We have all met people with so-called “Type A”
personalities: driven, competitive people who believe they can do a better job at work, coaches who
believes that their way is the only way, and live to prove it on the
field, the court, or the stadium, and, yes, sports parents who are determined to
prove that their child is the next sports
superstar. What motivates such people is a need which can become addictive, so much so that there are those who suggest that
adrenaline/epinephrine addiction should be considered in the DSM (the manual classifying mental disorders) as an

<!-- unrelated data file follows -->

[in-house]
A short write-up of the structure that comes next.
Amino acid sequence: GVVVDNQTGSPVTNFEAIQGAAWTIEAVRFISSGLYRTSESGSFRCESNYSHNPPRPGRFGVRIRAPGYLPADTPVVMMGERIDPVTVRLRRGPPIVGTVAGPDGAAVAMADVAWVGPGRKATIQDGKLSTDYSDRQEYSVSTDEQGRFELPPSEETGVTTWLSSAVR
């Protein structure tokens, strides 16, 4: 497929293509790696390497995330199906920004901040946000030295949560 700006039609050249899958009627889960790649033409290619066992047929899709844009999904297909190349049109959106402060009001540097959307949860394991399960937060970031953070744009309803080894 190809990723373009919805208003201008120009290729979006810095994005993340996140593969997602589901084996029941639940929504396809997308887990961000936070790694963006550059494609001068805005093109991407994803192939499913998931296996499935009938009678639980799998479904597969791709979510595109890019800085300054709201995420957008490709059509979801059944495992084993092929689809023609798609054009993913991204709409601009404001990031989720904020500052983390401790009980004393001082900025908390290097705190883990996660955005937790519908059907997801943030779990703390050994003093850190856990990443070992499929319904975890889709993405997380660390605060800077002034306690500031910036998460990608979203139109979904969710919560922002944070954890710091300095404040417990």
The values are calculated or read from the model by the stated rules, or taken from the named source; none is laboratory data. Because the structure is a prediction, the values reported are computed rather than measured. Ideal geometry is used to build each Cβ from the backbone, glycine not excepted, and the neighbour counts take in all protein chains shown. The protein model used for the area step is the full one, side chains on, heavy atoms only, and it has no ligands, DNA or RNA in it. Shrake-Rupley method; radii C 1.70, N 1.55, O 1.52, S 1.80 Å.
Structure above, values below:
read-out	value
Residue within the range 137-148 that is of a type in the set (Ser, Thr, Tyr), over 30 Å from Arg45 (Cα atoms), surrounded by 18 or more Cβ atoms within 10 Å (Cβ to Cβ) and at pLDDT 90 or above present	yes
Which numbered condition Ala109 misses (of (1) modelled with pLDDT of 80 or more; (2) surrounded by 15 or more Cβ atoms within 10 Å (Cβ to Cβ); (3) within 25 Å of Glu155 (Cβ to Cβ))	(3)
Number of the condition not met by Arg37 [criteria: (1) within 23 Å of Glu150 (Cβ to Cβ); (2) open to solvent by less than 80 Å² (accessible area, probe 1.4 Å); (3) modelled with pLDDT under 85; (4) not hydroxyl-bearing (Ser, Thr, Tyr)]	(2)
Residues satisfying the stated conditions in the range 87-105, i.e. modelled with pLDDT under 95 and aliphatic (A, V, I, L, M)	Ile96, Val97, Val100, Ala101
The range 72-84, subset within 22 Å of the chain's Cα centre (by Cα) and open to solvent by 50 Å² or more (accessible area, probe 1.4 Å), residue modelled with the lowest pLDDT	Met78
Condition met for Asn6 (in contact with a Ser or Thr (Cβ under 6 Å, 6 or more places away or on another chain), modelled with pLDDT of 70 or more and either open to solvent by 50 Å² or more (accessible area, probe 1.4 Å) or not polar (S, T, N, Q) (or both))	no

addiction, alongside addiction to illegal drugs.
Having pushed our children's need to compete and win -and the surge of adrenaline it creates - parents create a craving which makes it hard, when the season is over, for young athletes to slow down and relax. Worse, we may be raising children for an unhappy
future, when the wins they achieved in sports are not an everyday
occurrence, for a life in which they end up always searching to re-live their “glory days”, and kids who haven't developed an appreciation for small victories and the simple pleasure of relaxation.